GPSolo Magazine - March 2006

Trial Practice
Can Congress Legislate Litigation?

Let’s roll back the clock to 1995. We are in the middle of what turns out to be the longest economic boom in national history. In those sunny days, people saw the prospect of shareholder securities class action litigation as a serious threat to corporate expansion in key, high-growth business sectors. Those companies knew that whenever their future performances deviated from their management’s public expectations, they would be accused of having fraudulently misled investors.

In 1995 Congress passed the Private Securities Litigation Reform Act (PSLRA). When Congress did so, the two most important of the perceived ills were that securities class actions were too lawyer-driven, with investors having little control over the process, and that notice pleading standards did not adequately allow judges to weed out frivolous cases at the motion-to-dismiss stage.

In enacting the PSLRA, Congress sought to reduce the role of plaintiffs’ lawyers in securities litigation by increasing the role of the injured investors, and to restructure standard pleading and discovery procedures for the benefit of corporate defendants. The PSLRA revamped the process by which lead plaintiffs are selected. Previously, the race to the courthouse generally determined who would become lead plaintiff.

The PSLRA ended the practice of rewarding with lead plaintiff status the lawyers who drew the lowest docket numbers at the clerk’s office. What Congress did instead was to make the plaintiff with the largest economic stake in the litigation the presumptive lead plaintiff. The goal was to align the interests of lead plaintiff’s counsel with the interests of the lead plaintiff and of the class itself.

What has a decade’s experience shown? Judicial selection of lead plaintiffs under the PSLRA has increased the role of institutional investors in securities litigation. Institutional investors have the greater economic stake in the outcome of the securities cases that they bring, and they command greater resources. This, in turn, should make them active clients who, compared to pre-PSLRA plaintiffs in name only, are better able to monitor their counsel.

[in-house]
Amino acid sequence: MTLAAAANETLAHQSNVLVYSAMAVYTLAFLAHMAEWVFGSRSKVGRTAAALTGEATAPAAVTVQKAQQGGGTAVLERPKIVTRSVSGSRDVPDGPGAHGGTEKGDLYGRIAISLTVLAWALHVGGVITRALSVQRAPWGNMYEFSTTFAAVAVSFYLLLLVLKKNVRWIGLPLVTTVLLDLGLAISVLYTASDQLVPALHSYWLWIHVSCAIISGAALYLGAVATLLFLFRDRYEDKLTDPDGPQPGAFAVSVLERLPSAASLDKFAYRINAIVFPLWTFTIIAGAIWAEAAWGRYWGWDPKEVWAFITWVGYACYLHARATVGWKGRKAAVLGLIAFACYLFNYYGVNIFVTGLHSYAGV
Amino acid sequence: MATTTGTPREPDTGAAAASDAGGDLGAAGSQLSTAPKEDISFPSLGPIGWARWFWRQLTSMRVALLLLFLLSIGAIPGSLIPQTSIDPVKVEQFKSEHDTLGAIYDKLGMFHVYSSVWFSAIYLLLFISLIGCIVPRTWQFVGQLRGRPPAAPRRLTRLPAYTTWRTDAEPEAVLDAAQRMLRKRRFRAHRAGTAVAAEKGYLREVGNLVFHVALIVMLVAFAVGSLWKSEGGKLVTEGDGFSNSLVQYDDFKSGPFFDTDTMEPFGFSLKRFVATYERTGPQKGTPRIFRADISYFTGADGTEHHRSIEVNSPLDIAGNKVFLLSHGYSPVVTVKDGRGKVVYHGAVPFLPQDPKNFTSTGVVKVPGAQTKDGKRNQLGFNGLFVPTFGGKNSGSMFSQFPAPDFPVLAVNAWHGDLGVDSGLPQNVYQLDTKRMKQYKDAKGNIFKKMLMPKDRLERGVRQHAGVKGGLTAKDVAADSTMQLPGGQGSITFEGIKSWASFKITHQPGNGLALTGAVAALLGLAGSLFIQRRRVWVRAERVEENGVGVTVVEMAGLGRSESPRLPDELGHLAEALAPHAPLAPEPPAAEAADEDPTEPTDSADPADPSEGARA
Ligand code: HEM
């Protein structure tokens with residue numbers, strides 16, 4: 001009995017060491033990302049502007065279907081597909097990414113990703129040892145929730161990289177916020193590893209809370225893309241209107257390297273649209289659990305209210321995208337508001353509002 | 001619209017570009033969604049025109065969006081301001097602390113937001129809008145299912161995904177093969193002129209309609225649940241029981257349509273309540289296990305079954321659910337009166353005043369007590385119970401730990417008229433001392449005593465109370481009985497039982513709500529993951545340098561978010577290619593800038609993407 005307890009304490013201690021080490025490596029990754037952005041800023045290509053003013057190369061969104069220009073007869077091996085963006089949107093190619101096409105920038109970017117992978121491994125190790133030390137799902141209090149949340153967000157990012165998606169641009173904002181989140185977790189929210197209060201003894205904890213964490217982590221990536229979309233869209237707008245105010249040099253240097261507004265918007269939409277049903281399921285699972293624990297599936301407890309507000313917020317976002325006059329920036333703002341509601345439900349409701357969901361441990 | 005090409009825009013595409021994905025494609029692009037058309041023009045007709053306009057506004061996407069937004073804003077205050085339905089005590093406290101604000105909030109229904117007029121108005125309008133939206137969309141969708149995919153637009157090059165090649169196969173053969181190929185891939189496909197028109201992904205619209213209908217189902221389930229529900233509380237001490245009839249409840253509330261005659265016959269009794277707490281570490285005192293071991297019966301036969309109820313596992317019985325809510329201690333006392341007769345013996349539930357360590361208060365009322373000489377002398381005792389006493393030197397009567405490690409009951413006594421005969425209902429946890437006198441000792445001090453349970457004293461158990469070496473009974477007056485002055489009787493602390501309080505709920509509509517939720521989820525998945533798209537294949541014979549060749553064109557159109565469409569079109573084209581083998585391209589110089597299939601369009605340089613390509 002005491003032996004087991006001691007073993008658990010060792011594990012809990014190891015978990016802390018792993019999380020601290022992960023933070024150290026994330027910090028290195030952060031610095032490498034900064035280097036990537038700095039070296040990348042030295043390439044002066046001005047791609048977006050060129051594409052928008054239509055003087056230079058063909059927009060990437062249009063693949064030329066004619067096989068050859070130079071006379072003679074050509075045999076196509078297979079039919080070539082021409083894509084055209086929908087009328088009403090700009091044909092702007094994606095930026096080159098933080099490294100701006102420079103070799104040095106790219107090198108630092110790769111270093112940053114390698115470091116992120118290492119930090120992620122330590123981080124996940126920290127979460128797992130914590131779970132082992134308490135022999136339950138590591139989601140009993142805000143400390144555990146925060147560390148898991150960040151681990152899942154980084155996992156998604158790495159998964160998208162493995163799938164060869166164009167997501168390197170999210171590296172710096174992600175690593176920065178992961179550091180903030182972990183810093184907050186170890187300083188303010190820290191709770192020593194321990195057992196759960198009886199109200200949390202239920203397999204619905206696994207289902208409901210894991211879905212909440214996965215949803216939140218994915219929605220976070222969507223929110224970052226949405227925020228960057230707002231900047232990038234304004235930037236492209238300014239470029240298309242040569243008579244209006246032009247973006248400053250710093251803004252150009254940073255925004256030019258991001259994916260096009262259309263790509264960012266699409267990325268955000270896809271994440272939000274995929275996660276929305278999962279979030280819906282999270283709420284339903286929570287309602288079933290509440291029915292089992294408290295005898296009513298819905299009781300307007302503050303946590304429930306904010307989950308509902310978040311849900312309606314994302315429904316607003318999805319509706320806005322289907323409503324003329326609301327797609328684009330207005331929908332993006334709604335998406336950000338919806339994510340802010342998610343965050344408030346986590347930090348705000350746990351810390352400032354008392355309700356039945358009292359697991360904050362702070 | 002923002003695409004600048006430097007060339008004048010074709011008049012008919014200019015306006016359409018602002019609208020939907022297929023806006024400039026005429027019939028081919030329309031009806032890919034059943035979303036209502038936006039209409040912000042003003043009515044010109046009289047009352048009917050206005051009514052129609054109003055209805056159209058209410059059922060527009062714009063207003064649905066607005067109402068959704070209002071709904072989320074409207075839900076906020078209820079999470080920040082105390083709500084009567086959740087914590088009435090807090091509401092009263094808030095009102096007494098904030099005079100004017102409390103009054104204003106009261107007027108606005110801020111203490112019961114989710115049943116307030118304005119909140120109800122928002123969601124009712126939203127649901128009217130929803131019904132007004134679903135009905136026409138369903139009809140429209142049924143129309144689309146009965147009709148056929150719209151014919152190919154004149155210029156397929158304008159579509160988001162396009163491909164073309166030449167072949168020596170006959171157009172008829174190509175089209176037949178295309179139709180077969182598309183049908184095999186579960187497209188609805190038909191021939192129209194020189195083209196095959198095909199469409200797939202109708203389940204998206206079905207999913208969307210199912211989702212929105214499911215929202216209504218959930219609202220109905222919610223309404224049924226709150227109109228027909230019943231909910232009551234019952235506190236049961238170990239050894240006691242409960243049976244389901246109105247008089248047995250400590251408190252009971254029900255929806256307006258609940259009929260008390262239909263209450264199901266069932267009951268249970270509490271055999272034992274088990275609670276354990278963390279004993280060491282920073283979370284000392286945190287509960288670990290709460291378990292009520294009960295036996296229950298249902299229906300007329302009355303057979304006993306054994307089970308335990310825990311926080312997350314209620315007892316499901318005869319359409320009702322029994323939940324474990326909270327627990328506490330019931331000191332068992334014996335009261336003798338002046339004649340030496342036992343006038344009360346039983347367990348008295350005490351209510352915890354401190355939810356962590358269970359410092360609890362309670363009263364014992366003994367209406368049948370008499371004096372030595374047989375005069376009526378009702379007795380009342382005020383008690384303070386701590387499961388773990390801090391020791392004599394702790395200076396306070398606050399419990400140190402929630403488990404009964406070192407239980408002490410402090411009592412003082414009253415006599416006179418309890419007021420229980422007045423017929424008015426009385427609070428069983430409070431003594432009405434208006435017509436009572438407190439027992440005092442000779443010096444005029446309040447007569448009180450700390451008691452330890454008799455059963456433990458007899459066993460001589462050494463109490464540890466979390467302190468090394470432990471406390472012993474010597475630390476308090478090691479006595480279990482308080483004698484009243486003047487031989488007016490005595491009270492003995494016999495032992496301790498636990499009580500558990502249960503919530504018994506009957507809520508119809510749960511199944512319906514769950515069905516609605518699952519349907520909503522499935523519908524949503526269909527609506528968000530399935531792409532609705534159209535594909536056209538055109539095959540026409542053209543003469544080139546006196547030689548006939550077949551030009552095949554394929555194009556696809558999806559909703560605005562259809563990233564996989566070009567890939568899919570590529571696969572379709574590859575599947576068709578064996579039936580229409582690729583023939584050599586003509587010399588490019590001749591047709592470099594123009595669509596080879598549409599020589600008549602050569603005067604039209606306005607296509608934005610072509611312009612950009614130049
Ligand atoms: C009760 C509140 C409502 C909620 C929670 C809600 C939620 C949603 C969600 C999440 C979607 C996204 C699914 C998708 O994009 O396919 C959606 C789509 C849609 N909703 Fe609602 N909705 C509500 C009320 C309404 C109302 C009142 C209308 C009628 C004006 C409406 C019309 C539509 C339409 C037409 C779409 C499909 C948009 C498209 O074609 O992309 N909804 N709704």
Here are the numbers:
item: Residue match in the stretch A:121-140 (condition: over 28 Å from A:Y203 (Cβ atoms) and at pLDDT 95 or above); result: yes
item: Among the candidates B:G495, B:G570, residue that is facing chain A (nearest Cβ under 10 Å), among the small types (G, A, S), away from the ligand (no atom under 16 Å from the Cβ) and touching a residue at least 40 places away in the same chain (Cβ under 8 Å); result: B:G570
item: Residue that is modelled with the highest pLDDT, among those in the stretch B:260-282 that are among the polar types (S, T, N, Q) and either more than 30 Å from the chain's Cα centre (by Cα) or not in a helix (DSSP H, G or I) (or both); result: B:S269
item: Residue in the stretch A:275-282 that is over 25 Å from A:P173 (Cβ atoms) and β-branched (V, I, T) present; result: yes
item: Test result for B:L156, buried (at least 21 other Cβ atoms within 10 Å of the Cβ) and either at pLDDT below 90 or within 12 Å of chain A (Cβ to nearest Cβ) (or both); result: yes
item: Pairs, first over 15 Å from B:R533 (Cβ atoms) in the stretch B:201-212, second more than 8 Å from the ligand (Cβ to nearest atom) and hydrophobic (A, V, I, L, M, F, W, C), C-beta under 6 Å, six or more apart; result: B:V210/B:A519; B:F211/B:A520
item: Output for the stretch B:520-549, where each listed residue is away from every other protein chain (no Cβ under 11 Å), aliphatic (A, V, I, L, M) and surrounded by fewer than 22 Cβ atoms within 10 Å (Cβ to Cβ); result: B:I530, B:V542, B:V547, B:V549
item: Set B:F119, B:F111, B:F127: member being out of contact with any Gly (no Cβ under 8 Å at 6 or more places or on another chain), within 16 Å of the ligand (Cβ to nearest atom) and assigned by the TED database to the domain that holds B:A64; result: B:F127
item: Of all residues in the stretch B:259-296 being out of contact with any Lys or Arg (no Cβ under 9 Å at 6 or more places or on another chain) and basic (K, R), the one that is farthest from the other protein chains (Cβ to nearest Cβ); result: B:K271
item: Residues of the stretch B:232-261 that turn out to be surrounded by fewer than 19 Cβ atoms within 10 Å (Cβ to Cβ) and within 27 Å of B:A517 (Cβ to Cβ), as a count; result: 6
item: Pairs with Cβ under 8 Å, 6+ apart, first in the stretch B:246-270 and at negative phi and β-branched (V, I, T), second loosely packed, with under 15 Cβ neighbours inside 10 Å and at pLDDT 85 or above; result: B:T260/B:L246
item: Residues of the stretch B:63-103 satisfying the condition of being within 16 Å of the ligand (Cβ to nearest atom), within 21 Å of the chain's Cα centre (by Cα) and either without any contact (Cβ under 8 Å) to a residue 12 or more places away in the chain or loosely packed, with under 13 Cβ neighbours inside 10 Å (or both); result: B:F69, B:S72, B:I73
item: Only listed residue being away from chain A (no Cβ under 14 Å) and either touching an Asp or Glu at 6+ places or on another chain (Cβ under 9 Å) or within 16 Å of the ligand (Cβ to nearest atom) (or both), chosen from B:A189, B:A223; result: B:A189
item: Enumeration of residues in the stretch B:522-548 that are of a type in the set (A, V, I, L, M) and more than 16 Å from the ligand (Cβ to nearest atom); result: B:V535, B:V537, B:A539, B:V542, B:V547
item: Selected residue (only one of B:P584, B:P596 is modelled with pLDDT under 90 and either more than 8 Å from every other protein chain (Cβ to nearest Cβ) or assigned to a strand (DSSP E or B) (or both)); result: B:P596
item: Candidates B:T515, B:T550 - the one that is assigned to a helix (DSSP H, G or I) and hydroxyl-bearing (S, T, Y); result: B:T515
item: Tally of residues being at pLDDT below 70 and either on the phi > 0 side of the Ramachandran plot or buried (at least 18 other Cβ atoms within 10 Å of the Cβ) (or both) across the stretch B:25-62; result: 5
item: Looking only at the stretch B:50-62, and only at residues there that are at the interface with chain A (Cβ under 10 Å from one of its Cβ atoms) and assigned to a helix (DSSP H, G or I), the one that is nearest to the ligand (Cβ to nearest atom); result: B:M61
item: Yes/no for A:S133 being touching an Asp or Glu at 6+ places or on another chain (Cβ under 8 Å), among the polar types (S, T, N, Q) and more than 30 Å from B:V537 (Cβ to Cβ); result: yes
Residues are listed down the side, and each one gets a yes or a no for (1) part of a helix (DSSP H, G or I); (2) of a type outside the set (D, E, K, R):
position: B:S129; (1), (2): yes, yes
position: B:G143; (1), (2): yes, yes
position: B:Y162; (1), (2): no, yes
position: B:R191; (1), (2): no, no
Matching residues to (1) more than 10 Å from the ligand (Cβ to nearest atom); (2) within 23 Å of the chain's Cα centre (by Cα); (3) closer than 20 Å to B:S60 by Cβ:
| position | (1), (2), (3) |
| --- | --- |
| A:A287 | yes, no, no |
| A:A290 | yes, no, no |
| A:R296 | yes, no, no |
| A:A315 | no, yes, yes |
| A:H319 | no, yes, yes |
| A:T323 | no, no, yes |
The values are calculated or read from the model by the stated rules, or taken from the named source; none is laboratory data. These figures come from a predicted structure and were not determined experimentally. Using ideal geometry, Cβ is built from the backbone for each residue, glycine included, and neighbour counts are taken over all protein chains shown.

Congress believed that institutional investors serve the interests of the class better than smaller shareholders with a lesser ability to monitor the action. And Congress thought that institutional investors’ counsel would far better serve those interests than plaintiffs’ lawyers, whose self-interest was blamed for the prevalence of so-called nuisance suits. But the question remains: Has the PSLRA really altered the balance between the interests of the lawyers and the interests of the shareholder litigants?

Consistent with the intent of the PSLRA, institutional investors now commonly serve as lead plaintiffs in securities litigation. The economists who have mined the historical data suggest that cases with an institutional investor plaintiff settle for approximately one-third higher value than those with an individual plaintiff.

These relatively higher settlement values may suggest institutional investors are more than clients in name only, actually supervising their counsel and, with greater insight, demanding better results. The securities cases also may be settling for relatively greater amounts because institutional investor plaintiffs are more discriminating and seek to “invest” in the cases in which either the claims are strong or the losses are large—or both. And not surprisingly, the cases that do not attract the interest of an institutional plaintiff tend to be viewed—and valued—differently.

Congress wanted to increase the role of larger investors in securities litigation, and it appears to have accomplished that. But they still do not control the majority of the litigation. Institutions are lead plaintiffs in only about 35 percent of all securities cases. And if Congress also wanted to disenfranchise what was perceived or portrayed as an entrenched plaintiffs’ securities bar, that certainly has not happened either. The law firms dominant before the PSLRA have been the overwhelming counsel of choice for institutional investors, too.